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Blockchain Semantics Blog What are address, public key and private key on a blockchain and how are they generated?

What are address, public key and private key on a blockchain and how are they generated?

June 29, 2018, 9:52 a.m. GMT

An address is just like an account number in bank. It denotes your unique identity on the blockchain from which you can transfer out cryptocurrency and to which you can receive cryptocurrency. In blockchain a standard address has something like 34 signs and starts with a 1. It may look something like 1K31KXZjcochXpRhjH9g5MxFFTHPi2zEXb. 

Every address on the bitcoin blockchain comes attached with a Private key and a Public key. These together form the pillars of security in the Blockchain network. Private and Public keys always work in a pair. The private key is a string that looks the way the address does and is unique to the owner of a particular Bitcoin address. The owner of this Bitcoin address uses his private key to digitally sign any transaction that he makes. The public key is a long alphanumeric string that is generated by the private key to an account and this can be publicly shared so that miners can verify digitally signed transactions. As the name suggests, a user’s private key is private to the user and the public key is known to everyone. Think of it like a mailbox. Everyone can drop a message to your mailbox but only you can open it using a key to the mailbox. Here, the mailbox is the public key and the key to the mailbox is the private key. 

First, any wallet collects entropy and uses it to generate an ECDSA private key. ECDSA is the cryptographic algorithm in the core of Bitcoin addresses. It is an asymmetric signature algorithm, which means that you can sign messages with the PRIVATE key and verify the signature with the PUBLIC key. With ECDSA you can give the world easily the information to prove that you – and only you – are the author of a message by signing it. It’s very similar to physically signing a letter. As described, private and public keys are asymmetrical. This means that anyone can generate the corresponding public key if they know the private key. But, it is impossible to generate the private key from the public key.The cryptographic algorithm used to generate the public key from the private key is known as ECDSA or Elliptic Curve Digital Signature Algorithm. Apply the ECDSA on the private key to get the public key. But it is a one-way function, there is no way to derive the private key from the public key.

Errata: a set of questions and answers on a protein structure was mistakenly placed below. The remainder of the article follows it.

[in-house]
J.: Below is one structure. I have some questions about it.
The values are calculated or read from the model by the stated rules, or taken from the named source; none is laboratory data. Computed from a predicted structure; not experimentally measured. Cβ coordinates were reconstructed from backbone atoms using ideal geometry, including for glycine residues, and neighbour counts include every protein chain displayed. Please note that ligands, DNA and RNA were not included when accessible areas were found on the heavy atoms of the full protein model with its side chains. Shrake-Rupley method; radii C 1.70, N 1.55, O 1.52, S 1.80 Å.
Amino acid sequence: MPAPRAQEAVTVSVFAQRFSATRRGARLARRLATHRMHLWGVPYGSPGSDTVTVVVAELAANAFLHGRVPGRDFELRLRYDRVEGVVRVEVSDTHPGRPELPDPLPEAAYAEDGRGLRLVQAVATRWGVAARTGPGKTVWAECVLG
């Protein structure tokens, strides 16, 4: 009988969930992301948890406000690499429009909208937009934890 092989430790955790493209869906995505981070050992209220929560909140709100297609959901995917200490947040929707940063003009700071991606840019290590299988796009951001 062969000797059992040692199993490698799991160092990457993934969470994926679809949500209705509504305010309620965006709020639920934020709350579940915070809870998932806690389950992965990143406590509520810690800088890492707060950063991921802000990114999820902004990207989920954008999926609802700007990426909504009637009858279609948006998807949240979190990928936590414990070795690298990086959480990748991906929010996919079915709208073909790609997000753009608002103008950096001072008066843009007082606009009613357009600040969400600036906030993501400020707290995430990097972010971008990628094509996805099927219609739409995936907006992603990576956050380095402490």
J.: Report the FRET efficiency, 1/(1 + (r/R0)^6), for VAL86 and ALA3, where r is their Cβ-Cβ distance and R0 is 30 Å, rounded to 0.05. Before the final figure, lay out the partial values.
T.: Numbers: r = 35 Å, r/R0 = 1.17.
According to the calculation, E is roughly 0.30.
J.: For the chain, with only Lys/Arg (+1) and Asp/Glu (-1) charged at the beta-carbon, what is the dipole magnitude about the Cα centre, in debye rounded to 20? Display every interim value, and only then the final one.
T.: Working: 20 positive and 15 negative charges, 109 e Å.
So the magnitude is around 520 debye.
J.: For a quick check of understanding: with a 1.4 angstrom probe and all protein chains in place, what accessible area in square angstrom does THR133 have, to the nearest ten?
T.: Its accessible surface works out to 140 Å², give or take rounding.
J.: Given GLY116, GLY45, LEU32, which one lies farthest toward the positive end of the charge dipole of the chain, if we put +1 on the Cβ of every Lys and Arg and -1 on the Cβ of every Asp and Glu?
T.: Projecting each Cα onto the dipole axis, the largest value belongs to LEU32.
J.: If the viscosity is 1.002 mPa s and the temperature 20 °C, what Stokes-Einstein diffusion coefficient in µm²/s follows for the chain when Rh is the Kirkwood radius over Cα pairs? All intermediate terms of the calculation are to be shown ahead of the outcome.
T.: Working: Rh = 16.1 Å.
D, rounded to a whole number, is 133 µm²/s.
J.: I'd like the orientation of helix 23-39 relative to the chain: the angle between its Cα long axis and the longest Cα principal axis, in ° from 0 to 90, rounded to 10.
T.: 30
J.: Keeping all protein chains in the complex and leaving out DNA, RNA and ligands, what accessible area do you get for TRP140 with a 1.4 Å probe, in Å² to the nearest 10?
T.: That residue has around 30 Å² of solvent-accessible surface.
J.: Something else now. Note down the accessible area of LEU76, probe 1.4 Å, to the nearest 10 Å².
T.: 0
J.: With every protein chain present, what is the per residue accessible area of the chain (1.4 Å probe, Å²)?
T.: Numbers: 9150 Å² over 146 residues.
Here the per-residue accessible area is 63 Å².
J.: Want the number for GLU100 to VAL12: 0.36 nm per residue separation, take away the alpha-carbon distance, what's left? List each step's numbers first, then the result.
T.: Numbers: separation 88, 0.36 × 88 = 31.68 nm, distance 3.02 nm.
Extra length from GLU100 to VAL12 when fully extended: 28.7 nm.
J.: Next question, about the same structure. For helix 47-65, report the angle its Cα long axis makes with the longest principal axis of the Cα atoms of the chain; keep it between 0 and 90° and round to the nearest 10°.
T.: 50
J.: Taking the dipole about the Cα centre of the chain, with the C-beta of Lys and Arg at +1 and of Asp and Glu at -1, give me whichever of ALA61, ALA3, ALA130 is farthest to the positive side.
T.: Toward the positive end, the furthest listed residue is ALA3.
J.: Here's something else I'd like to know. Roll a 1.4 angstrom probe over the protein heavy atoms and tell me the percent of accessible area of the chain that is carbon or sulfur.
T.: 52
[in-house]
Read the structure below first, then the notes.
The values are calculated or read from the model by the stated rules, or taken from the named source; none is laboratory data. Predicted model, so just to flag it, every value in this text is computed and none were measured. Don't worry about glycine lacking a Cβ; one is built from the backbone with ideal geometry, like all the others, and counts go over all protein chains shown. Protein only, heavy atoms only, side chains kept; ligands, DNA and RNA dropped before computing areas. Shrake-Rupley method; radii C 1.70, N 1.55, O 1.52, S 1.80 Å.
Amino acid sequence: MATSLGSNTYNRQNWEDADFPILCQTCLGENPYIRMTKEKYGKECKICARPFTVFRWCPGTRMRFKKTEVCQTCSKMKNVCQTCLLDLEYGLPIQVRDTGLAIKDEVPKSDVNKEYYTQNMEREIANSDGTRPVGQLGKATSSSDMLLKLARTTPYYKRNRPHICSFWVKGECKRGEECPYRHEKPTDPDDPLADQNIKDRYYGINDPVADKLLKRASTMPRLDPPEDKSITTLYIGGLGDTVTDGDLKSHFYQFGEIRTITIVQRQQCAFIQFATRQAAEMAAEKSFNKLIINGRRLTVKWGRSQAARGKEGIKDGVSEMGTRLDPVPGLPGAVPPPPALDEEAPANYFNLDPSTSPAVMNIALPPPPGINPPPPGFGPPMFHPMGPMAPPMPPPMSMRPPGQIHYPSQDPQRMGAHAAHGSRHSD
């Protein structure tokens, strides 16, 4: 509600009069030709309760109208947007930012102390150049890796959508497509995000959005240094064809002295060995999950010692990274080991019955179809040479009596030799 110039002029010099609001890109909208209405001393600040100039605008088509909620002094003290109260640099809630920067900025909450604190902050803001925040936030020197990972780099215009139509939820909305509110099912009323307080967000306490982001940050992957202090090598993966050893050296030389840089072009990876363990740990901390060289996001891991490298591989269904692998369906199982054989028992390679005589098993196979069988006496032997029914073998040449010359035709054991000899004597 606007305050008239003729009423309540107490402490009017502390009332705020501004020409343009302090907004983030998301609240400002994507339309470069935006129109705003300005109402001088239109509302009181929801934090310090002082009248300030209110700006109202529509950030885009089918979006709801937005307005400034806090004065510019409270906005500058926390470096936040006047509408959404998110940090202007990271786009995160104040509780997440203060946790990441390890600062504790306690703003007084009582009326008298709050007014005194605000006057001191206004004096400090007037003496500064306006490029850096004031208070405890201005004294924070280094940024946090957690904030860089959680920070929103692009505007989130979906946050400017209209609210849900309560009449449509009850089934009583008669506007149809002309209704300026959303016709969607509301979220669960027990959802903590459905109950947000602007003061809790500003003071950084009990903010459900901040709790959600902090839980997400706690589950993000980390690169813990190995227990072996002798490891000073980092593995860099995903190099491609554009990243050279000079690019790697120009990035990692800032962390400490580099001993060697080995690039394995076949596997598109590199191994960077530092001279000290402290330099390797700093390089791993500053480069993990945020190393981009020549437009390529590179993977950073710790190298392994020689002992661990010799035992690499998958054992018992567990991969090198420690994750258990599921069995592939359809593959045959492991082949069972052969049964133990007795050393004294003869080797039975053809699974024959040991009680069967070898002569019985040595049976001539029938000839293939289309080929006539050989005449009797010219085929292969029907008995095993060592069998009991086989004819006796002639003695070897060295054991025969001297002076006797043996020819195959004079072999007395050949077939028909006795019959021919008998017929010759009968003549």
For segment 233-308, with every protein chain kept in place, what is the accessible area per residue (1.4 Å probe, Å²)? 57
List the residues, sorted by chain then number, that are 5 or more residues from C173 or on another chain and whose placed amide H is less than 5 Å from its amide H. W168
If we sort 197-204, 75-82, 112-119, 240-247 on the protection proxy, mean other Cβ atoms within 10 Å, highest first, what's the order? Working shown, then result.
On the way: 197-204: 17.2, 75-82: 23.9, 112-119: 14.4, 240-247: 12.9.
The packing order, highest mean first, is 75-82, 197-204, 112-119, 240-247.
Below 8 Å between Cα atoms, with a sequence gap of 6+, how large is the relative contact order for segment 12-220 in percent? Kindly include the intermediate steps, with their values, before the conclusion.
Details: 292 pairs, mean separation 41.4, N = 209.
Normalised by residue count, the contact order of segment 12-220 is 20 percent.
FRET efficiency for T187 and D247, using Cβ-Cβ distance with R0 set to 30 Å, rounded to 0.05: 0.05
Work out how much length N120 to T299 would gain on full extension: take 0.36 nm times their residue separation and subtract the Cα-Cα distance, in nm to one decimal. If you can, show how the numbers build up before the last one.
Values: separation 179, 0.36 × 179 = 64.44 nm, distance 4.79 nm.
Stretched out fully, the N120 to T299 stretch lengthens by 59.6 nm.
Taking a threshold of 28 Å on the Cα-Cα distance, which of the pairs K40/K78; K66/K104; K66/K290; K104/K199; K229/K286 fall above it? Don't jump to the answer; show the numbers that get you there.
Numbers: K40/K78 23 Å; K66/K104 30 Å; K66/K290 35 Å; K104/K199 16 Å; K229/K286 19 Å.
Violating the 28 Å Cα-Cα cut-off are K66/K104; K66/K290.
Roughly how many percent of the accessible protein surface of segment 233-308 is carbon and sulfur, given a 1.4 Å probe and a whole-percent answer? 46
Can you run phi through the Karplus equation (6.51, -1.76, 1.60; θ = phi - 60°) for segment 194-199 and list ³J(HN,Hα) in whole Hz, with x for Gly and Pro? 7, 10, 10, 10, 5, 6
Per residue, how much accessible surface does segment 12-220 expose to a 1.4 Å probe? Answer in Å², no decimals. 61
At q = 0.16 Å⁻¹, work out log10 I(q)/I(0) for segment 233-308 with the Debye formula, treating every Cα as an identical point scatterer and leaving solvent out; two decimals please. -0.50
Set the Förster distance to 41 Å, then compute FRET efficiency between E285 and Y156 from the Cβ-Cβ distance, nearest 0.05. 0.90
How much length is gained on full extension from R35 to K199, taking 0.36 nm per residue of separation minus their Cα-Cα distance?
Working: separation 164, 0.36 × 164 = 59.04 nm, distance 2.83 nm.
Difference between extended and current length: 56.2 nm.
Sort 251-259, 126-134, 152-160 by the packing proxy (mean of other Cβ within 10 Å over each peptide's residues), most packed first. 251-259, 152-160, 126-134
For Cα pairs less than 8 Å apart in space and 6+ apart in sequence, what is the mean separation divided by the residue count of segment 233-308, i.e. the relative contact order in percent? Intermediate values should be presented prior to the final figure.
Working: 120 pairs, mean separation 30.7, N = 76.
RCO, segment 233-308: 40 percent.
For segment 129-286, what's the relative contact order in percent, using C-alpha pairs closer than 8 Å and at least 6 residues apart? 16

As discussed, there is another key entity apart from the private and public key- the address. As the name suggests the transactions are directed towards a address. For example if A wants to send some money to B then he will use B’s address to send money. 

Now let’s see how this address is generated. It is a derivative of the public key. Multiple cryptographic algorithms run on the public key to generate the address. The software hashes the public key with SHA 256 and the result with RIPEMD-160. Then it adds the bytes 00 as a prefix in the beginning of the resulting string. Note that these techniques are pertinent to the bitcoin blockchain.

To learn more about Blockchain, Bitcoin and how addresses, public keys and private keys interact together to create a safe environment on Blockchain, please visitBlockchain and Bitcoin Certification by Blockchain Semantics.


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Abhishek Singh | July 19, 2018, 9:57 a.m. GMT

@Aman Sharma, thank you for pointing out the typo. We appreciate your contribution. We have fixed it

Aman Sharma | June 28, 2018, 7:36 a.m. GMT

"The cryptographic algorithm used to generate the Private Key from the Public Key is known as ECDSA or Elliptic Curve Digital Signature Algorithm. " I think this is the typo here , "generate the Private Key from the Public Key" , it should be public key from private key